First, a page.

All that says, is that if we let $+$ denote a 'right', $-$ a 'wrong', $S\supseteq\{-,+\}$, and $m:\{+,-\}^2\to S$ the compositing function we are referring to, then the statement simply means that $m(-,-) \ne +$. – AJMansfield Oct 11 '13 at 14:20

The adage, “If you lose an hour in the morning, you’ll be looking for it the rest of the day.”

Admittedly, the inconsistency is due simply to metaphorical usage, but still...

share|cite|improve this answer

from “Animal Farm”: “...some are more equal than others”

share|cite|improve this answer

from the poem “Kubla Khan”: “...through caverns measureless to man”

There are unmeasurable sets, but no cavern is unmeasurable.

share|cite|improve this answer

In ordinary language, a “set” usually means an indexed set (aka “multiset”).

share|cite|improve this answer

In ordinary language, a “biased” result is considered useless, but in Mathematics (Statistics), a result can be biased, but still useful.

share|cite|improve this answer

In ordinary language “in general” means “most of the time, but possibly with exceptions”, whereas in Mathematics it means “always, without exception”. However, because (introductory) Mathematics textbooks rely so heavily on ordinary language, the ordinary language usage can show up there, as in, “The projection of A x B onto A is, in general, not one-to-one.”

share|cite|improve this answer

the common expression, “If I’ve told you once, I’ve told you a million times.”

share|cite|improve this answer
This isn't wrong! It just means that either I haven't told you once, or else I have told you a million times. What's false is: "In all possible worlds, it holds that if I've told you once, I've told you a million times." – goblin Jun 25 '15 at 13:58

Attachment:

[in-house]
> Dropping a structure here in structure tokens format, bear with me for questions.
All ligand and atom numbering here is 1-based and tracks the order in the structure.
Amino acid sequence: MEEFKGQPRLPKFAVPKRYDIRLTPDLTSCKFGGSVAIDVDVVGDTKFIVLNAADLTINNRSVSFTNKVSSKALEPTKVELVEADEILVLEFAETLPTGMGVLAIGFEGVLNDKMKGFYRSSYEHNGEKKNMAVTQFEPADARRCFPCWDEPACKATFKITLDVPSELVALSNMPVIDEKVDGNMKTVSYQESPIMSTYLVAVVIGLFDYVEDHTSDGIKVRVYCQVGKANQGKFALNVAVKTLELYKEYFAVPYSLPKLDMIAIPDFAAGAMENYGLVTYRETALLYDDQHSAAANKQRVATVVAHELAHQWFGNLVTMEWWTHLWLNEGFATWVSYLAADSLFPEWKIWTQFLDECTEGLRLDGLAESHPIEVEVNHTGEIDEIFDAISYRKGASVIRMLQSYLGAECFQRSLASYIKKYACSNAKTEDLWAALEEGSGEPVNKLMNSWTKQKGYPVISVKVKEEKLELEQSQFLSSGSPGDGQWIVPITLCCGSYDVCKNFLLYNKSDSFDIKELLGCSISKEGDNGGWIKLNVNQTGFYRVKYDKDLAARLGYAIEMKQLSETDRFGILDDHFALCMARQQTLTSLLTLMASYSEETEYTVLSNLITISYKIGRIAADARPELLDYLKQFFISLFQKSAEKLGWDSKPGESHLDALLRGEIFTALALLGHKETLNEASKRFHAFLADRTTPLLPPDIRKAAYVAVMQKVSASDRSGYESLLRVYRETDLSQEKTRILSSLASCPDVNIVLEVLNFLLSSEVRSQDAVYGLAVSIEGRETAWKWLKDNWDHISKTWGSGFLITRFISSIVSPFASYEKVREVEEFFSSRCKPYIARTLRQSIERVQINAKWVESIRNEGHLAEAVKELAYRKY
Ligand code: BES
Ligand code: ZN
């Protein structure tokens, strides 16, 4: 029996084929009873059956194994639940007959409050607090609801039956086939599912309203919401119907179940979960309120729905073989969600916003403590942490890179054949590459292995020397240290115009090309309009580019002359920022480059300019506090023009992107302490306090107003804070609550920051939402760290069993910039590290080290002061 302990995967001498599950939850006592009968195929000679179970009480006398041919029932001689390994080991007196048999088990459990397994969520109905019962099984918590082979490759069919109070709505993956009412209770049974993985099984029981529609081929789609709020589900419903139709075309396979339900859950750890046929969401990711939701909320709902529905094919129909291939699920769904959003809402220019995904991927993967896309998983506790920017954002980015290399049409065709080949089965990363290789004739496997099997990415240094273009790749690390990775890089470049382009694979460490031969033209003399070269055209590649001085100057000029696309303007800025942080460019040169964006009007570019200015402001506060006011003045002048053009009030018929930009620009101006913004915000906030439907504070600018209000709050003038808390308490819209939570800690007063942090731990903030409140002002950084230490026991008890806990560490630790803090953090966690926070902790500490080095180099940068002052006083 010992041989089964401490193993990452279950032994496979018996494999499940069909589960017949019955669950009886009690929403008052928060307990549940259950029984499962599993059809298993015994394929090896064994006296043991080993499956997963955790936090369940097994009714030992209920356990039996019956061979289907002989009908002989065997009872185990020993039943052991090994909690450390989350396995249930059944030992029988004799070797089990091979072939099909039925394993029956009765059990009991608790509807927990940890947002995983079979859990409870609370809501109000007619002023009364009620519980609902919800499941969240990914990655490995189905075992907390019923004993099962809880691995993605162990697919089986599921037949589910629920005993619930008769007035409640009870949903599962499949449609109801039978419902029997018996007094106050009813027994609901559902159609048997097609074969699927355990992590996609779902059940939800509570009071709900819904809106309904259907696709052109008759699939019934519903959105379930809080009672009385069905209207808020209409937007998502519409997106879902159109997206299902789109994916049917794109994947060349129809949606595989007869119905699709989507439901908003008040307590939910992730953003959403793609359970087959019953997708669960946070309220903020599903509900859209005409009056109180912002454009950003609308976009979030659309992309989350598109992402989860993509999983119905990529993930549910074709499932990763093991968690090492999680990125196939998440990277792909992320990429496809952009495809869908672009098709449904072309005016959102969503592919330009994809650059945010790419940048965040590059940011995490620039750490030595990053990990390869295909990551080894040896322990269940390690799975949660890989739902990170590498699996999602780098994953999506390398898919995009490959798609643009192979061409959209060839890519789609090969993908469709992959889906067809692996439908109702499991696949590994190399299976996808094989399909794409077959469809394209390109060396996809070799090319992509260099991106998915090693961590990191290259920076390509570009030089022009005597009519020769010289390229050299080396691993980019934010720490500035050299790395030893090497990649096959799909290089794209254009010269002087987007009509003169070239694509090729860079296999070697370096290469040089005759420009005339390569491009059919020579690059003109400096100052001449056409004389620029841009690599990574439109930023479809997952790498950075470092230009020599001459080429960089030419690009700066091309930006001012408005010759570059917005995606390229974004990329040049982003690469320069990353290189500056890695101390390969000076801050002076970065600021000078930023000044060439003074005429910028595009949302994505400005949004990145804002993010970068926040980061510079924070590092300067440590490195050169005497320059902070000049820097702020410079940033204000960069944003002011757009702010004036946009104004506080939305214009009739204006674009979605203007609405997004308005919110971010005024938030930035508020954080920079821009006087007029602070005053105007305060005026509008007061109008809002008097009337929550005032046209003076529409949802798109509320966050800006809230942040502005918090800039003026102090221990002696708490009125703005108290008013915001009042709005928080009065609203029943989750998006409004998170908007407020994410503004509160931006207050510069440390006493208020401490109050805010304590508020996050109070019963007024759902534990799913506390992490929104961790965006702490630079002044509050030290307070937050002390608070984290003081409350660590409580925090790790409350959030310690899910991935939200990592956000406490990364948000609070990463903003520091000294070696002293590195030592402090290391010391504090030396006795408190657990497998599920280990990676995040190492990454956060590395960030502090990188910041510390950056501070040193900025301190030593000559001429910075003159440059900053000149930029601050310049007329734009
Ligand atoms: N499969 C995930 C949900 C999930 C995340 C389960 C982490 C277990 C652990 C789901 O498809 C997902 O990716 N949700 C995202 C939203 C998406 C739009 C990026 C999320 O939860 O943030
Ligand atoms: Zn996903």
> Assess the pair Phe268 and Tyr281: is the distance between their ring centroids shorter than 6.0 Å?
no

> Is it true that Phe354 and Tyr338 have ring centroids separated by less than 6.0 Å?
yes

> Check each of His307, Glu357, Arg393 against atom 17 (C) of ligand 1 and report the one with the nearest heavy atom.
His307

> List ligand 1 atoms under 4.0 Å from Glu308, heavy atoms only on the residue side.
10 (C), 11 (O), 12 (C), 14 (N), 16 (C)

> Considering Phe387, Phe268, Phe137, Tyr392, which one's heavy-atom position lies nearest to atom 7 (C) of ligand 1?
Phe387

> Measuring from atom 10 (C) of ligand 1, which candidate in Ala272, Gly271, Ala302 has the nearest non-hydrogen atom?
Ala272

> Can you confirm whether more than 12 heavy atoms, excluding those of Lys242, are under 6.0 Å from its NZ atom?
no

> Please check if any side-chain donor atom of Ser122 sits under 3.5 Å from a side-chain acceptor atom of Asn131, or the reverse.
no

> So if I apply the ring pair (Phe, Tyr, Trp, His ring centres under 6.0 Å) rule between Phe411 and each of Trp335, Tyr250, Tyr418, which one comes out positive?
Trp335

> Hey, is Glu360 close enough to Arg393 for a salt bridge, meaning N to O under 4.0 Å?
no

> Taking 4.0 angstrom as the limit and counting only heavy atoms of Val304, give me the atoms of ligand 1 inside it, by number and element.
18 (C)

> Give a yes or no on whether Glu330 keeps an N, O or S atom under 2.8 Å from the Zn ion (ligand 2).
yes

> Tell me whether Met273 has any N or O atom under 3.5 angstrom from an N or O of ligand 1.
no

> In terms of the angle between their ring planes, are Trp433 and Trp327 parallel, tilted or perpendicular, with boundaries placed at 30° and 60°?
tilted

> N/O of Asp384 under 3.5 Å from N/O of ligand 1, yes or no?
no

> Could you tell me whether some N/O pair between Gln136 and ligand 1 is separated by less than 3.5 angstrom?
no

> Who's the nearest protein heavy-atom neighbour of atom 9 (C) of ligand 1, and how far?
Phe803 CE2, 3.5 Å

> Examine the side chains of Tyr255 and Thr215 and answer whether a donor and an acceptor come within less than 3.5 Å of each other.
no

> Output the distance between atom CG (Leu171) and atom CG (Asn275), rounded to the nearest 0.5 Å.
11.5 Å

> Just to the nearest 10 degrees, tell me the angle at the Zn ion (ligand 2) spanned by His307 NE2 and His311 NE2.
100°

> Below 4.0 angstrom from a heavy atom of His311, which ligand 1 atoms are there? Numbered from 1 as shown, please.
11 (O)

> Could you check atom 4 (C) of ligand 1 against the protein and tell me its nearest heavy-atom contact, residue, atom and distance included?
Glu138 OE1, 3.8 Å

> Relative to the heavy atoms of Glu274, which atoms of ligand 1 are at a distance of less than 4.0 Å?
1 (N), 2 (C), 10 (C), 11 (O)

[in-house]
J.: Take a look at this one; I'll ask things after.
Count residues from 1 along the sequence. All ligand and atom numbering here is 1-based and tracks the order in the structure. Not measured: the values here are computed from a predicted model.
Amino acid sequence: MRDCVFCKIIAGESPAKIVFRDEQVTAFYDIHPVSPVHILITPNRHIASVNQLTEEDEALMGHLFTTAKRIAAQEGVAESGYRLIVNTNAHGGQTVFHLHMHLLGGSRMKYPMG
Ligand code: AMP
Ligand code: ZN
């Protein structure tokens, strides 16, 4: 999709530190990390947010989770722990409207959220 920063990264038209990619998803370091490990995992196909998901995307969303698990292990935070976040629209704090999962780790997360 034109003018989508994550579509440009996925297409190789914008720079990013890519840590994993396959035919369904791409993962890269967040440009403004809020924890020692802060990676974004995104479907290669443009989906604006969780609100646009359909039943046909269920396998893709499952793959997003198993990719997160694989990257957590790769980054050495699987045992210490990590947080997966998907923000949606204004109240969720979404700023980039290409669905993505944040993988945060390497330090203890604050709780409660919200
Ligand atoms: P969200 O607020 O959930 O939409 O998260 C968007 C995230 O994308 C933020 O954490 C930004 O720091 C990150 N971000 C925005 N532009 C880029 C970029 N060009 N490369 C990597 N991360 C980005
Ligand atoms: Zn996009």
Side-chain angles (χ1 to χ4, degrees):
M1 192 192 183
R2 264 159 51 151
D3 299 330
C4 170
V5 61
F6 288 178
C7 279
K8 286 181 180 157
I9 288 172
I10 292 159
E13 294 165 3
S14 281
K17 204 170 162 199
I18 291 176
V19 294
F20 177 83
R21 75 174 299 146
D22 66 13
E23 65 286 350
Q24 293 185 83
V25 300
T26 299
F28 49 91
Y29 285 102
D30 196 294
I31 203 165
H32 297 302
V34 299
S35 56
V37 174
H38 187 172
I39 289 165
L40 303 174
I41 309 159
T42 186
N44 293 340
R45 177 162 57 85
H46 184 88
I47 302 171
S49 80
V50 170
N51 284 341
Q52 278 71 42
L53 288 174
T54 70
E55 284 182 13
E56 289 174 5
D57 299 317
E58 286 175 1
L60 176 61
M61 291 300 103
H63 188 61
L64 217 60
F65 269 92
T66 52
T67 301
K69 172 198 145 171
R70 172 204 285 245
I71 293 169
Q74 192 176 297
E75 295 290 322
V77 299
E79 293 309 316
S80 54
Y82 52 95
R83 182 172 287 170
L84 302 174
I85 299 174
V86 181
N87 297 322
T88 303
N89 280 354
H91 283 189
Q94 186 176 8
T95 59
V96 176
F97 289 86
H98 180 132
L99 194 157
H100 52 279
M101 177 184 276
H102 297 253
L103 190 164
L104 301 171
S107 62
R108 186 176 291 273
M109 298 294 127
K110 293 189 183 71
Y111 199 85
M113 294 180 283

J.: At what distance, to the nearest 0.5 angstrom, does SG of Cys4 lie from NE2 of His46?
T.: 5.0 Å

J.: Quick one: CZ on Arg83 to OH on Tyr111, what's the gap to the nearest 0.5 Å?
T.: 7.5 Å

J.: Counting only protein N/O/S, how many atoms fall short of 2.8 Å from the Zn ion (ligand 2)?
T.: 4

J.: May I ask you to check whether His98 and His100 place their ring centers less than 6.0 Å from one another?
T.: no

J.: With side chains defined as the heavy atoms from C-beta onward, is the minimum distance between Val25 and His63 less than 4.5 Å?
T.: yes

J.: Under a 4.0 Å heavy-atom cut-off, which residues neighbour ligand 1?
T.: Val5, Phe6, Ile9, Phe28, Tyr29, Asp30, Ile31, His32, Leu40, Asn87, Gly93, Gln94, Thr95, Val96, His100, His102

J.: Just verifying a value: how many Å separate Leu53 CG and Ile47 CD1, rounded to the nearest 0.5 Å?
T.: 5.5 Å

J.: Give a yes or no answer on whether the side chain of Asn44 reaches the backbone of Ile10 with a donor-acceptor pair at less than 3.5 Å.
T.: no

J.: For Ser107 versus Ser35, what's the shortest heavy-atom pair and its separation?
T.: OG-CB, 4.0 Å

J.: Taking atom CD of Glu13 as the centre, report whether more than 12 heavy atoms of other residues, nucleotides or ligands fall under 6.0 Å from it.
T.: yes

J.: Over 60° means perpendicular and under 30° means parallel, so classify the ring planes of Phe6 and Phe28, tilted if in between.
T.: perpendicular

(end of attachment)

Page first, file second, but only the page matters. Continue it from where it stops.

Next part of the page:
@goblin: You’re imposing mathematical usage on ordinary language usage. In ordinary language, the premise of such an implication is always taken to be true. It has probably never happened in human history that anyone made this statement, without having told the hearer the item at least once. – EsperantoSpeaker1 Jun 25 '15 at 14:15
True. I guess it depends on how the original question is interpreted. – goblin Jun 25 '15 at 14:31
@goblin: Now it looks like you’re resorting to what is described at the following Stack Exchange location: – EsperantoSpeaker1 Jun 25 '15 at 14:59
no, I think you're wrong, but I didn't want to start an argument. – goblin Jun 25 '15 at 15:00

In the ordinary language phraseology used in Chemistry, they speak of the “temperature dependence of the rate constant”. This amounts to a “variable constant”, a contradictory notion. The mathematical term for a “variable constant” is “parameter”.

share|cite|improve this answer

protected by Milo Brandt Jun 25 '15 at 2:16

Thank you for your interest in this question. Because it has attracted low-quality or spam answers that had to be removed, posting an answer now requires 10 reputation on this site (the association bonus does not count).

Would you like to answer one of these unanswered questions instead?

Not the answer you're looking for? Browse other questions tagged or ask your own question.